Like Sports, Life is Streaky: Why We Misinterpret Life’s Weird and Wonderful Random Events

david_myers
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Basketball players, coaches, and fans agree: Players are more likely to make a shot after they’ve successfully completed one or multiple consecutive shots than after they’ve had a miss. Players therefore know to feed the teammate who’s “hot.” Coaches know to bench the one who’s not. This understanding is dittoed for the batter who’s on a hitting streak, the poker player who’s drawing strong hands and the stock picker who has a run of soaring successes. In life, as in sports, it pays to go with the hot hand.

But as psychologists Thomas Gilovich, Robert Vallone and Amos Tversky revealed in a seminal 1985 report, the basketball hot hand is one of those universally shared beliefs that, alas, just isn’t so. When they studied detailed individual shooting records from the National Basketball Association (NBA) and university teams, the hot hand was nowhere to be found. Players were as likely to score after a miss as after a make.

When told Gilovich’s team’s cold facts about the hot hand in a July 27 interview, Stephen “Steph” Curry, an all-time NBA three-point shooter, looked incredulous. “They don’t know what they’re talking about at all,” he replied. “It’s literally a tangible, physical sensation of "all I need to do is get this ball off my fingertips, and it’s gonna go in....” There are times you catch the ball, and you’ve maybe made one or two in a row—and ... the rim feels like the ocean. And it’s one of the most rewarding feelings.”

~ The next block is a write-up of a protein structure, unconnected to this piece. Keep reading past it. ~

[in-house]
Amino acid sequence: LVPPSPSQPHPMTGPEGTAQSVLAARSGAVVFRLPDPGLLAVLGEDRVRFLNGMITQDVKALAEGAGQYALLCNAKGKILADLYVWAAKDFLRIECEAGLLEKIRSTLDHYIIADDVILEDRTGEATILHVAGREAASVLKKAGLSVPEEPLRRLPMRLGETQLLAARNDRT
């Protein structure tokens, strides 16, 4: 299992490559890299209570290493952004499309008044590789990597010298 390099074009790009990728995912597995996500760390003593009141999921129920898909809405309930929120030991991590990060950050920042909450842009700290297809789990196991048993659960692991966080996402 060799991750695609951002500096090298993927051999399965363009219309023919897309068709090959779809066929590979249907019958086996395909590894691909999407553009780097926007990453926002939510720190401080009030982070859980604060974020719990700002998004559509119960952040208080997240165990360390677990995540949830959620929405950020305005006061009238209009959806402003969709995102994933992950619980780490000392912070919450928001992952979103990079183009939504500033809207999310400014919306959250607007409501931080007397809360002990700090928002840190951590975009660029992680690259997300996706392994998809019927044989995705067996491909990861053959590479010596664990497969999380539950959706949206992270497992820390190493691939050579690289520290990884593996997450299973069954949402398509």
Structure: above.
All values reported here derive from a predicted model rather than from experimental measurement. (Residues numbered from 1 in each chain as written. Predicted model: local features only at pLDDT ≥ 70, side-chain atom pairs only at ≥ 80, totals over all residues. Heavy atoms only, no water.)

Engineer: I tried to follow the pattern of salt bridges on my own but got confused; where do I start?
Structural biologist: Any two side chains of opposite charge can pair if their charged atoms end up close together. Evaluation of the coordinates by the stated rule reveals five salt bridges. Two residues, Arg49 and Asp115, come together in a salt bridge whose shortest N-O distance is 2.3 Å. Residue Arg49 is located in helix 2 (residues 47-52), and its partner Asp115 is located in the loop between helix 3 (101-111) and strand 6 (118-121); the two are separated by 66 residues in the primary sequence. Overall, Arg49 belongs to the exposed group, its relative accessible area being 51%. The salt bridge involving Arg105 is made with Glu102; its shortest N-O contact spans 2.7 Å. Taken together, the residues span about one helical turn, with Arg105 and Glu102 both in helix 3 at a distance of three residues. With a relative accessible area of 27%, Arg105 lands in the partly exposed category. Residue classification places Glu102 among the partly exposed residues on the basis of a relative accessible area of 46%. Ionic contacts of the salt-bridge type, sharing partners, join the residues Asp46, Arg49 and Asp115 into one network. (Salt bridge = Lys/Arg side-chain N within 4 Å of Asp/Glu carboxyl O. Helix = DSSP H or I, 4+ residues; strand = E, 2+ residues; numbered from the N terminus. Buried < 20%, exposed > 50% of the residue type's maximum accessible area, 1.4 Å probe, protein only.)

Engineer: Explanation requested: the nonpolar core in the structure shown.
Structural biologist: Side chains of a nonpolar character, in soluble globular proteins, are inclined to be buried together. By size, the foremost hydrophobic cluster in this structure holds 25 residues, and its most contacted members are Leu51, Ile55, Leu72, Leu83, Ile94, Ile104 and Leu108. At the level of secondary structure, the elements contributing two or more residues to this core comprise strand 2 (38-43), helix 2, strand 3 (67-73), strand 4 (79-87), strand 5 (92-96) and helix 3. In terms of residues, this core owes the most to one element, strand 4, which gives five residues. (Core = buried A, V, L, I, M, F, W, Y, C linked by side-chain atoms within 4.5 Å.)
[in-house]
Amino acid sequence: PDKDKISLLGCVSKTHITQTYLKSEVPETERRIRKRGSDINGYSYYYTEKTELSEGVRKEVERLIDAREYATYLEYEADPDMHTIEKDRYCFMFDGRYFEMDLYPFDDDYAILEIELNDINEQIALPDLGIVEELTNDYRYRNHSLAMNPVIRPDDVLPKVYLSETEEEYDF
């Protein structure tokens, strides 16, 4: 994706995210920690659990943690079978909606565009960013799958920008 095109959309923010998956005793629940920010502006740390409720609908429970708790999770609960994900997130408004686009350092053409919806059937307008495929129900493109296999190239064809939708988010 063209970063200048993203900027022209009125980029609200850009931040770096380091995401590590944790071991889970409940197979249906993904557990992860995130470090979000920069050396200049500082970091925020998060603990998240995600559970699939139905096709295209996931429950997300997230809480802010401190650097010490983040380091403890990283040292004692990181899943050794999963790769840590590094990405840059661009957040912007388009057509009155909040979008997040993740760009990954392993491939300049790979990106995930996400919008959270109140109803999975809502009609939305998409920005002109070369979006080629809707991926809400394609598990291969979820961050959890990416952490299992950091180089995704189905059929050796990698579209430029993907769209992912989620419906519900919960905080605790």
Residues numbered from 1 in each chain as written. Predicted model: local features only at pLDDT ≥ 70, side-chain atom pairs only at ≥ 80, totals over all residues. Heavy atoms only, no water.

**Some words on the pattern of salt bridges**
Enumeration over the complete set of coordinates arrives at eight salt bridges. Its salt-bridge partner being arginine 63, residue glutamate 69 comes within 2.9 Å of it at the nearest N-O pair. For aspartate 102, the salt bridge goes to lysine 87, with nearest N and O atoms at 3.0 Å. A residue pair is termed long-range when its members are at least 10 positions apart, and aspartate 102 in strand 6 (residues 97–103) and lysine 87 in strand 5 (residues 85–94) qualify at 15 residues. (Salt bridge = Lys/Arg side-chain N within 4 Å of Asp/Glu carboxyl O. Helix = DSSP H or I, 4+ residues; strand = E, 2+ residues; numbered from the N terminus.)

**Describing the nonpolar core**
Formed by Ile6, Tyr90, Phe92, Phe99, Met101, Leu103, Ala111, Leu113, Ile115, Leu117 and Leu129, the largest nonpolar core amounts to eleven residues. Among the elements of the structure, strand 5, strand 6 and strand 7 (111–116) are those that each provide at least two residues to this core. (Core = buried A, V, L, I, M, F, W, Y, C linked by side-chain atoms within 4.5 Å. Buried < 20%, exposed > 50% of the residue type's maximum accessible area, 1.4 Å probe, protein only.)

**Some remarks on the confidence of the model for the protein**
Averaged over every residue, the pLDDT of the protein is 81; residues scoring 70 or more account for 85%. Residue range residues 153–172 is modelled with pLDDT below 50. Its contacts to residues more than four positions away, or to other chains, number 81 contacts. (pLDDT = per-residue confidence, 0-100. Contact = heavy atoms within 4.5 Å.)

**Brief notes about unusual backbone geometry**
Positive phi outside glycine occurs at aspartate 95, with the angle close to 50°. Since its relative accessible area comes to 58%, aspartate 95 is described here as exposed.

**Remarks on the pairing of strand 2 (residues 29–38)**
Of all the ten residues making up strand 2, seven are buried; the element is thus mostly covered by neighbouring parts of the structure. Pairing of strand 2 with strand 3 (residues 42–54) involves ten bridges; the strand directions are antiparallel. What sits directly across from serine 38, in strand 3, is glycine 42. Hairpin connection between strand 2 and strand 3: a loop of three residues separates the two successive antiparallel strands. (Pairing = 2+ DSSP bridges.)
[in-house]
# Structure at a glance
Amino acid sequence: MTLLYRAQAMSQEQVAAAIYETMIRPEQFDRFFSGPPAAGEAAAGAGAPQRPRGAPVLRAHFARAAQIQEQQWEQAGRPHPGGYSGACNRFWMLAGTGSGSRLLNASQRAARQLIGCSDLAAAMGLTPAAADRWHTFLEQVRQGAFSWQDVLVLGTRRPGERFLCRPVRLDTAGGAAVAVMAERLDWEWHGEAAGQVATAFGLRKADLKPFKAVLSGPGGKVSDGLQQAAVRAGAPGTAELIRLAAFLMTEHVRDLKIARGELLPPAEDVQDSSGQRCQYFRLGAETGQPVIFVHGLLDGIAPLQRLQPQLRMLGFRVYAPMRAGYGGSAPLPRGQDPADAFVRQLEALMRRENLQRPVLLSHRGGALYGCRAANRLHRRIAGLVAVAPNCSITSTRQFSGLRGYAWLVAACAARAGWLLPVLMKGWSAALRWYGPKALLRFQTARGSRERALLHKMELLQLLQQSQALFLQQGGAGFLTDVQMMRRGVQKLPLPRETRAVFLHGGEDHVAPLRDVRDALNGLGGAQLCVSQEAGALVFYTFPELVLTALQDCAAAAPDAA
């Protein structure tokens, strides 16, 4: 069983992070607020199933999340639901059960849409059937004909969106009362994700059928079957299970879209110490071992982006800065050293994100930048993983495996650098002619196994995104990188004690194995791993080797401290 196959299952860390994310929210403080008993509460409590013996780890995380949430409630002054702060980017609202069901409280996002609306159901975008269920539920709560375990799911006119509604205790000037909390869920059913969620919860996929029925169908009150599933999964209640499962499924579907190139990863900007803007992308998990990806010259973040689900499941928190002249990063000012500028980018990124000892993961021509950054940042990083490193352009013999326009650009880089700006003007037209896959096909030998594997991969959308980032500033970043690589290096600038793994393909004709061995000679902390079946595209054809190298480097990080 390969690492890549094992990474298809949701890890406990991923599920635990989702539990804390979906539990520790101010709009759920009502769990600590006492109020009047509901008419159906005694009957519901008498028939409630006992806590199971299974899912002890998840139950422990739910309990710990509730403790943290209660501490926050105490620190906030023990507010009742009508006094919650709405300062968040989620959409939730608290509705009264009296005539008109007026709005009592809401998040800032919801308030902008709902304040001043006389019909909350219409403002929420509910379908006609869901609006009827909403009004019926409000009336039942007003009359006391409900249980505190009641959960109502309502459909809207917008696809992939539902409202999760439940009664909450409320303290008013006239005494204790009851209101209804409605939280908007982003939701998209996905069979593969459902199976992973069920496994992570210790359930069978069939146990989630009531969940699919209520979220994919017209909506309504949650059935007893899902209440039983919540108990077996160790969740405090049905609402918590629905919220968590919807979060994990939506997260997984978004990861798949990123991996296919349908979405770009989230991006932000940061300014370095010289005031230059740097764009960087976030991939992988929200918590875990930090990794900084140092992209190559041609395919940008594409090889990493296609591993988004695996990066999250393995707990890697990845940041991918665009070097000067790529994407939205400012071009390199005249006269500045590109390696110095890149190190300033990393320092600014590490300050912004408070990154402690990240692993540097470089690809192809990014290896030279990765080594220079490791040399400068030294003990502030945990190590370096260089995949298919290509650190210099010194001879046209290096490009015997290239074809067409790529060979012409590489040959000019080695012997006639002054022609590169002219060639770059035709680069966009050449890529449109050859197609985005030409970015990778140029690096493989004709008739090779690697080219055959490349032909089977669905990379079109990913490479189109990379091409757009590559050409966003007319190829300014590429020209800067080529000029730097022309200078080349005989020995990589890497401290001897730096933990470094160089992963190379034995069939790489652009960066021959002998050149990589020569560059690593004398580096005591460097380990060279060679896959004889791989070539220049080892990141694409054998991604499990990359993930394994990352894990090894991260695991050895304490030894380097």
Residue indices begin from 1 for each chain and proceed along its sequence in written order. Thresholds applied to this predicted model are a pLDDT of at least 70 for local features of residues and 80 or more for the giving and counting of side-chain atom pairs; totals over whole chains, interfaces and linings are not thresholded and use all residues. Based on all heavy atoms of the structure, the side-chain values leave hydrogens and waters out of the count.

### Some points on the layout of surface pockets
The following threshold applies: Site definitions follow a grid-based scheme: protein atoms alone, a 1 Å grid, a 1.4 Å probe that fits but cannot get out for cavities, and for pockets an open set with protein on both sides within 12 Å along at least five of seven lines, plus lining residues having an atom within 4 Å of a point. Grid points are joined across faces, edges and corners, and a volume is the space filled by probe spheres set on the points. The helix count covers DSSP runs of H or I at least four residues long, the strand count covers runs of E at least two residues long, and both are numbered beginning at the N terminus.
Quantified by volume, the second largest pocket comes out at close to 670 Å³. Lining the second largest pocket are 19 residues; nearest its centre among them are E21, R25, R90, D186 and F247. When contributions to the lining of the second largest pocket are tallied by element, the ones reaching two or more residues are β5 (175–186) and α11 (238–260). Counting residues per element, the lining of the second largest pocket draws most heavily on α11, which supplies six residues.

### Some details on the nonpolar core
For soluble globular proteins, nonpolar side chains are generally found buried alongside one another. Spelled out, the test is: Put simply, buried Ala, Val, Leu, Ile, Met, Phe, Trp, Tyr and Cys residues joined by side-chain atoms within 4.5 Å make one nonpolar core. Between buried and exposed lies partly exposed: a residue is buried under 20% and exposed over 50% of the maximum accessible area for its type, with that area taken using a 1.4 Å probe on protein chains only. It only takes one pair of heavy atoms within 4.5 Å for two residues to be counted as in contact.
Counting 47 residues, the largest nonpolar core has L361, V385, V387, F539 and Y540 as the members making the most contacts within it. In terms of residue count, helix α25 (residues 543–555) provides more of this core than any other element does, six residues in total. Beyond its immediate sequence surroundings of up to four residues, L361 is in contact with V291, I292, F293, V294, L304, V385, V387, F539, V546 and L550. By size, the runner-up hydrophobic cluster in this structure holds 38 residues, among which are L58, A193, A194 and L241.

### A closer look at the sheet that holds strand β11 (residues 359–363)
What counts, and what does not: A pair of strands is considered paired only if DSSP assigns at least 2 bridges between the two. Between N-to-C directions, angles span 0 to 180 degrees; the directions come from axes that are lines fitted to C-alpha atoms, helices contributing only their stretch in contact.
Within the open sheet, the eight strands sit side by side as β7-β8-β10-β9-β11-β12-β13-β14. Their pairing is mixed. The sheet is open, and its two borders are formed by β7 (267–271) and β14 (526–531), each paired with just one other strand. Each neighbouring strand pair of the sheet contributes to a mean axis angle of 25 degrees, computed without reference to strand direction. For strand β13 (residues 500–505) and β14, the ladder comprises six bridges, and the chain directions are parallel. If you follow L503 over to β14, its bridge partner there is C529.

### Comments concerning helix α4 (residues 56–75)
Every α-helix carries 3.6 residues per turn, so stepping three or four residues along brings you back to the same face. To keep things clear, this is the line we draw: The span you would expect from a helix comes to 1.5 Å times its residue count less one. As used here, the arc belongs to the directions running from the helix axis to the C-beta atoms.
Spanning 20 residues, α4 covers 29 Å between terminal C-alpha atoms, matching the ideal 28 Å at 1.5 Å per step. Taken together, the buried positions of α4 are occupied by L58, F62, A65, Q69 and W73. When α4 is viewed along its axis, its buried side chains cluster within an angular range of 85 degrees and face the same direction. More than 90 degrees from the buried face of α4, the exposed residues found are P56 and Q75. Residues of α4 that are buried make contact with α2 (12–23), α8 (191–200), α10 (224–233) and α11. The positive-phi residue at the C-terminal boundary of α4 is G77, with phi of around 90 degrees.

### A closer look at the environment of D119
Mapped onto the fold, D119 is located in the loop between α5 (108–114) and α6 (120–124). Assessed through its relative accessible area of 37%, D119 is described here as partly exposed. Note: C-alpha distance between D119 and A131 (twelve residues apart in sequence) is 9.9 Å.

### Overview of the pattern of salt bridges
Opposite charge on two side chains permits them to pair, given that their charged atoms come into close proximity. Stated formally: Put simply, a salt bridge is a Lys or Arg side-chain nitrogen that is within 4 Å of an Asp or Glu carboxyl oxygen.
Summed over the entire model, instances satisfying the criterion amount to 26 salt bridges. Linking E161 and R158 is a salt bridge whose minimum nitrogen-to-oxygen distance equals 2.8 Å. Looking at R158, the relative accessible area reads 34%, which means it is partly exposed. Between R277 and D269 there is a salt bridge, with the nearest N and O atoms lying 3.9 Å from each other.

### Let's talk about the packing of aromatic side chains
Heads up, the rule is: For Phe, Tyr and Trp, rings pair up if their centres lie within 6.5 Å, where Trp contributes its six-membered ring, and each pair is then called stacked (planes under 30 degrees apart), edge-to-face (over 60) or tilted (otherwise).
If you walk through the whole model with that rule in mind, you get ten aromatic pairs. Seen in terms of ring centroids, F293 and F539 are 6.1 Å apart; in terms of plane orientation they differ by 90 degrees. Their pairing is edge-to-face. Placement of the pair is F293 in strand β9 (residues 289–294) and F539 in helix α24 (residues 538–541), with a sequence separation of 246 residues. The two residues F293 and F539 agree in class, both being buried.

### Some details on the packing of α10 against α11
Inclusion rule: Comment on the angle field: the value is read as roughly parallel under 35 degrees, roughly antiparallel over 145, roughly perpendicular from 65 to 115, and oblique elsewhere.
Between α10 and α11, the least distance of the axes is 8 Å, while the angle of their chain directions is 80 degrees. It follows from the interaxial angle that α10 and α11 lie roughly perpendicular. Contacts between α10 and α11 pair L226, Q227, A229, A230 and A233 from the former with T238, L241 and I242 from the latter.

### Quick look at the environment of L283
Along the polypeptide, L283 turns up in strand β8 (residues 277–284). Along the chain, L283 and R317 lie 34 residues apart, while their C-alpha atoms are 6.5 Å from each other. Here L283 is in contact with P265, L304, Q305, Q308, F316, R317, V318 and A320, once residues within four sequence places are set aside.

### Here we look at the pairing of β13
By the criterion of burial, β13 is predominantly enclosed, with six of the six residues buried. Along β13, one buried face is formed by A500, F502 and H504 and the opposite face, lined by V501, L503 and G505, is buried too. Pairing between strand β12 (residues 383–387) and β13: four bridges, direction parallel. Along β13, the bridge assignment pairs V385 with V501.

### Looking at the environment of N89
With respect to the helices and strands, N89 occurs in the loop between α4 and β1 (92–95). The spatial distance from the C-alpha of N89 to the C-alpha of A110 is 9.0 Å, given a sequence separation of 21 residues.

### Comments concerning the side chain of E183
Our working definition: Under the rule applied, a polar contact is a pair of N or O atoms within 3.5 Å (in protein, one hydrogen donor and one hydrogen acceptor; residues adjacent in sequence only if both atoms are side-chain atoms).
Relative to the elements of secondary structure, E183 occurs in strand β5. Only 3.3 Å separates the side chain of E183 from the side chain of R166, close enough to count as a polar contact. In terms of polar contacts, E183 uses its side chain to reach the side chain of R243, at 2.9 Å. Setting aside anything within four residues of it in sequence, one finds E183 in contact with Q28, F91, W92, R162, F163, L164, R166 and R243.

Sports fans concur with Curry. In an article published on the same day, sports writer Jack Winter counseled, “Don’t be fooled by numbers-driven naysayers. The next time you’re feeling it at your local pickup game, don’t hesitate to indulge the temptation for even the most brazen of heat checks. Why? Stephen Curry, the truest expert on the matter, knows the hot hand is real.”

The scientific story did not, however, end in 1985 with Gilovich and his colleagues. Their analyses stimulated a host of follow-up studies of streaks in free-throw shooting, as well as in baseball, golf and tennis. Occasional examples of a slight hot hand have appeared, as in NBA three-point shooting contests—but nothing like the 25 percent increase in shots made following a make that was estimated by Philadelphia 76er players surveyed in Gilovich’s team’s study.

In a January 2022 study, operations researcher Wayne Winston of Indiana University Bloomington and computer scientist Konstantinos Pelechrinis of the University of Pittsburgh analyzed some 400,000 shot sequences across all NBA players over the 2013 –2014 and 2014–2015 seasons. Their results showed the slight opposite of a hot hand: after making one or two field goals, the average player became slightly less likely to make the next shot. (This replicated an earlier study that analyzed 12 NBA seasons between 2004 and 2016: 45 percent of field goal attempts were successful after a make, and 46 percent were successful after....)

Nevertheless, some players analyzed in Winston and Pelechrinis’s January 2022 study were, to a varying extent, more likely to make a shot after making one or more. So I wondered, “Was Curry among them?”